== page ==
LAS VEGAS (KLAS) — Despite the good news of the COVID-19 vaccine and a stimulus package, the Las Vegas hospitality industry is still struggling.
MGM Resorts International announced Monday that The Mirage on the Las Vegas Strip will close all operations from Mondays to Wednesdays next year. That means the casino, restaurants and all other amenities will only be open from noon on Thursdays to noon on Mondays, starting January 4th.
The Mirage is the latest Strip property to reduce its hours. Experts say it is because of low demand during the pandemic.
The big question now? How long these economic effects will continue.
“I think it’s unfortunate. Certainly, we don’t want to see it happen,” said Jeremy Aguero, principal analyst at Applied Analysis. “The pandemic has had an economic toll.”
Aguero says many people still do not feel comfortable flying and cannot afford traveling during the pandemic.
There are already mid-week hotel closures at The Mirage, Mandalay Bay and Park MGM. Those were announced in November. Planet Hollywood and the Encore at Wynn Las Vegas have made similar moves.
Aguero says a January closure is due to no conventions, like CES, taking place — and a rise in COVID cases.
“The combination of those things is going to mean that demand is going to be very low and supply is going to need to adjust. It’s exactly what we’re seeing,” Aguero said.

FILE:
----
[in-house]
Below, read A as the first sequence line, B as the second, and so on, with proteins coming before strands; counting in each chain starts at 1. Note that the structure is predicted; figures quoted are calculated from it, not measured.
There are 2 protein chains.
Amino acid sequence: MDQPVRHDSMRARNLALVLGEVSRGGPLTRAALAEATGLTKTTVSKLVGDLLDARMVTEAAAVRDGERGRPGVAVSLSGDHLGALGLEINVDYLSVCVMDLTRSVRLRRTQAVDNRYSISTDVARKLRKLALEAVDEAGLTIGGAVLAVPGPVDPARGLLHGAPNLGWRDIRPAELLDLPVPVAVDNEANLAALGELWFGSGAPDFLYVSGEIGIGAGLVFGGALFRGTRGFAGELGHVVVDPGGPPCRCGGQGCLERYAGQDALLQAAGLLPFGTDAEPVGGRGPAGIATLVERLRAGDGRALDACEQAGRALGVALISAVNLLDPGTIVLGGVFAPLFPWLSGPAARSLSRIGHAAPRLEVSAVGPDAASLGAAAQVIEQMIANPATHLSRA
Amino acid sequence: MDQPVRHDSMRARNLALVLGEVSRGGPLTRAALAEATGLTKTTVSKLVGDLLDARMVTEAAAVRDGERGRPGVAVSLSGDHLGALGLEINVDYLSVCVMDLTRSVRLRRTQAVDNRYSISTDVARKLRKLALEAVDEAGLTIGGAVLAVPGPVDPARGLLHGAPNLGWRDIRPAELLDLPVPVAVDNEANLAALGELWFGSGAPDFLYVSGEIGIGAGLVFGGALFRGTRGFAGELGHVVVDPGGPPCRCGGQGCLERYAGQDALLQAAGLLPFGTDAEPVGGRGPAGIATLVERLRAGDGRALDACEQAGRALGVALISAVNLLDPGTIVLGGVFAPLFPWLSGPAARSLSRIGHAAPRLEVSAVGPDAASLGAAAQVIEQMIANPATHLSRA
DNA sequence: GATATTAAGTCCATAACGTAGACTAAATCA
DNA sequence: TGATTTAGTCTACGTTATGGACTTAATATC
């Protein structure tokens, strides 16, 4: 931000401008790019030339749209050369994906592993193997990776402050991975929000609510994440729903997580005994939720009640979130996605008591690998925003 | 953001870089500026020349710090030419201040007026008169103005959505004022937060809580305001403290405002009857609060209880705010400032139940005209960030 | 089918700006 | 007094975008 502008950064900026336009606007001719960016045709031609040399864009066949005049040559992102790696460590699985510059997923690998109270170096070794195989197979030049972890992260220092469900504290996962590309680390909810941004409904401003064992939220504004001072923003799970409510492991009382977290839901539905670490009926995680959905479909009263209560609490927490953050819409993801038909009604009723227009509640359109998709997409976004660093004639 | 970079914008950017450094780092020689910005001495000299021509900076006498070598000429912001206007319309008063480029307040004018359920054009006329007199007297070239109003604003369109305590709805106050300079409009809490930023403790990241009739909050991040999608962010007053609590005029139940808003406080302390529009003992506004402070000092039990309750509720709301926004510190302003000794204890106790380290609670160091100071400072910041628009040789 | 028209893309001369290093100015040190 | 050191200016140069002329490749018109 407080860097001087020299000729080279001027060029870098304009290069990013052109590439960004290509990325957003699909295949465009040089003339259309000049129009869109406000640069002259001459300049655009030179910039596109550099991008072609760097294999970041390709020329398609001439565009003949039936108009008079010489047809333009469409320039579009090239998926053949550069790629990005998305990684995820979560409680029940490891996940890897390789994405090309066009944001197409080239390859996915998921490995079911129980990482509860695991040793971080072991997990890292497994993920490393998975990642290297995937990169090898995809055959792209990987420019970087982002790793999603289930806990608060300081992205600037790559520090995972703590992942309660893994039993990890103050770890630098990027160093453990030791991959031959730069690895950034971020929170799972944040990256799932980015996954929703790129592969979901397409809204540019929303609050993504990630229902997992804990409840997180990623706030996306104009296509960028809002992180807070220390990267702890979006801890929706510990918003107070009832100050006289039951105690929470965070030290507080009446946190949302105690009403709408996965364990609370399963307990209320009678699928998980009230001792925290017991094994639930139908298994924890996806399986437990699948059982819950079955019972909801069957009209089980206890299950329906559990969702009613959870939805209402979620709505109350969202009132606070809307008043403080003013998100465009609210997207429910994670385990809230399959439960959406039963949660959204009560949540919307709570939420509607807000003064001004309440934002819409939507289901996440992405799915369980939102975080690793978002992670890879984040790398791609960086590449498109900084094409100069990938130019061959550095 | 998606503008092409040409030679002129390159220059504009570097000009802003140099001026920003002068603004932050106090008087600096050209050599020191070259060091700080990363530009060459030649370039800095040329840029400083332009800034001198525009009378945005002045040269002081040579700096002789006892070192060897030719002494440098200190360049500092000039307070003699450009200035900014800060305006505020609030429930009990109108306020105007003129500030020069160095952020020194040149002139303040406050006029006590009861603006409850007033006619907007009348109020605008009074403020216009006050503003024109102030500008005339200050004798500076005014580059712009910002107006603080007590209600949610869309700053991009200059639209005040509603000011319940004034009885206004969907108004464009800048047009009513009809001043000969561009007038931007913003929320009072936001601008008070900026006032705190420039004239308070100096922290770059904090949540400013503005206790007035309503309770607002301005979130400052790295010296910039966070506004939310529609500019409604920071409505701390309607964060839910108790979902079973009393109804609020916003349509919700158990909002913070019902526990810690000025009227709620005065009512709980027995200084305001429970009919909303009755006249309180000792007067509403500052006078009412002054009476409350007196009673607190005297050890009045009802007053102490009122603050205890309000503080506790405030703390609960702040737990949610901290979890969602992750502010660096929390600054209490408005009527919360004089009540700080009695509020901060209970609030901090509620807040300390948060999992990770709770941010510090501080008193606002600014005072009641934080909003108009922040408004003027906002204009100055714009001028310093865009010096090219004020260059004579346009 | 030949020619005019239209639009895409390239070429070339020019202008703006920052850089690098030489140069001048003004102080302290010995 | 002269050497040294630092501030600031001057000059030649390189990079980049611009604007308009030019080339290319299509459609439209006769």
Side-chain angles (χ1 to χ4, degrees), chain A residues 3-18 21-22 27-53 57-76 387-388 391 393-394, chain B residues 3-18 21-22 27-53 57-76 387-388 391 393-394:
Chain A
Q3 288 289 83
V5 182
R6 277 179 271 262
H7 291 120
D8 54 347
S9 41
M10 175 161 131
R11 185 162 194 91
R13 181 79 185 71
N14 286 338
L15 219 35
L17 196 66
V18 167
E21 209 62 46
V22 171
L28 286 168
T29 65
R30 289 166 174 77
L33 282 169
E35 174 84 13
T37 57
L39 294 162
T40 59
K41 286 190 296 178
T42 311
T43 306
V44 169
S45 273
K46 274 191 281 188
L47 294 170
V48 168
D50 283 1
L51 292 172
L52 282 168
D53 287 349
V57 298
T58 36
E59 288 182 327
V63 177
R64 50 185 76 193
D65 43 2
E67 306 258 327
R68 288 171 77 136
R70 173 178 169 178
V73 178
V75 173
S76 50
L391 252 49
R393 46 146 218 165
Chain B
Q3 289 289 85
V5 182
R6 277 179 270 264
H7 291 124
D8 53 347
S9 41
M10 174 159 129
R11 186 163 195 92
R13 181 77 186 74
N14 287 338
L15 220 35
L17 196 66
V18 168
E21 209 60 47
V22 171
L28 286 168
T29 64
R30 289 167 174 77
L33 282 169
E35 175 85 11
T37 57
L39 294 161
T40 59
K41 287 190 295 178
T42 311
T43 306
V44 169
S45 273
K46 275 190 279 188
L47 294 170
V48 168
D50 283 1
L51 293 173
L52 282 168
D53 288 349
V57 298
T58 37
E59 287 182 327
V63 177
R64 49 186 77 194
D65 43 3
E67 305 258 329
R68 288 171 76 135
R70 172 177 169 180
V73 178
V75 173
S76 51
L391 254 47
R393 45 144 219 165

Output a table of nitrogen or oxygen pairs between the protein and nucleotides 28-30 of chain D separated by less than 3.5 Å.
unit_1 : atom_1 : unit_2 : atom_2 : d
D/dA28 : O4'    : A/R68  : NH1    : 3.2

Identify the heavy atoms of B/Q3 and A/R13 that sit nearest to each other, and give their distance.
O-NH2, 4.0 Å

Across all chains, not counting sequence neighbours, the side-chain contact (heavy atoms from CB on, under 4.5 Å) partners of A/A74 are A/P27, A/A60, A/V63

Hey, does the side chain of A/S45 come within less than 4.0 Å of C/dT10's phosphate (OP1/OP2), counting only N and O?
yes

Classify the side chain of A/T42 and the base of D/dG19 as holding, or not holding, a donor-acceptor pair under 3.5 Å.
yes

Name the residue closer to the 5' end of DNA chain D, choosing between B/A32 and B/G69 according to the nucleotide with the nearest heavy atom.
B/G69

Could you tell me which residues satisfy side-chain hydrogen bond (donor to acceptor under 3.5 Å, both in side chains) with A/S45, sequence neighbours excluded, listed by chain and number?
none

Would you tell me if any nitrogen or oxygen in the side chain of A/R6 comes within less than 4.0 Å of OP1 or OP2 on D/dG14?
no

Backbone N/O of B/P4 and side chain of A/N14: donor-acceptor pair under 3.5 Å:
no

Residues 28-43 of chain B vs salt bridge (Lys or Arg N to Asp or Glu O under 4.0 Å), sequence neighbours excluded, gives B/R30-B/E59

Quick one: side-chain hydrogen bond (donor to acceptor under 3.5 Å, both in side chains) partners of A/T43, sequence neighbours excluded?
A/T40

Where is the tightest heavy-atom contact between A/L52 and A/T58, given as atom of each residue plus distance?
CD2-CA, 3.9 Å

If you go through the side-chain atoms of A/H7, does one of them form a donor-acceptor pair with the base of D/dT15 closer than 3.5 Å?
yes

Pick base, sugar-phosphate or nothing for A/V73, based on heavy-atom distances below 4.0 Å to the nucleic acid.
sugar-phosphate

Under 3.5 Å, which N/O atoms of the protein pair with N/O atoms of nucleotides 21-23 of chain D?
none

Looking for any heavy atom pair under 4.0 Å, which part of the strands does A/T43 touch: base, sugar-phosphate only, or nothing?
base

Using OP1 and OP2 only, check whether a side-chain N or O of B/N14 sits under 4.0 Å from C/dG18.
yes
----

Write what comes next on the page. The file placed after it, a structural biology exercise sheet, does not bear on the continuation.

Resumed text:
But some tourists think all the properties on the Strip should stay open.
“People want to be here now more than ever because this is one of the only places you can enjoy now,” said visitor Luke Niekamp.
Las Vegas tourist Valeria Jimenez added, “It may be wrong that we came, but we’re actually taking precautions; we’re taking care of ourselves.”
Aguero says the current vaccine rollout will inspire more confidence in travel, but a rebound will take a while.
“We’re really hopeful by the time we get to the fall, that we’ll start seeing additional significant convention activity back in Las Vegas, and maybe even some special events,” Aguero said. “We still need consumers to go back and act like consumers again, and that’s going to take a little bit of time.”
Aguero adds that even if things return to normal by the end of 2021, a full economic recovery for Las Vegas is still likely a one and a half to two years away.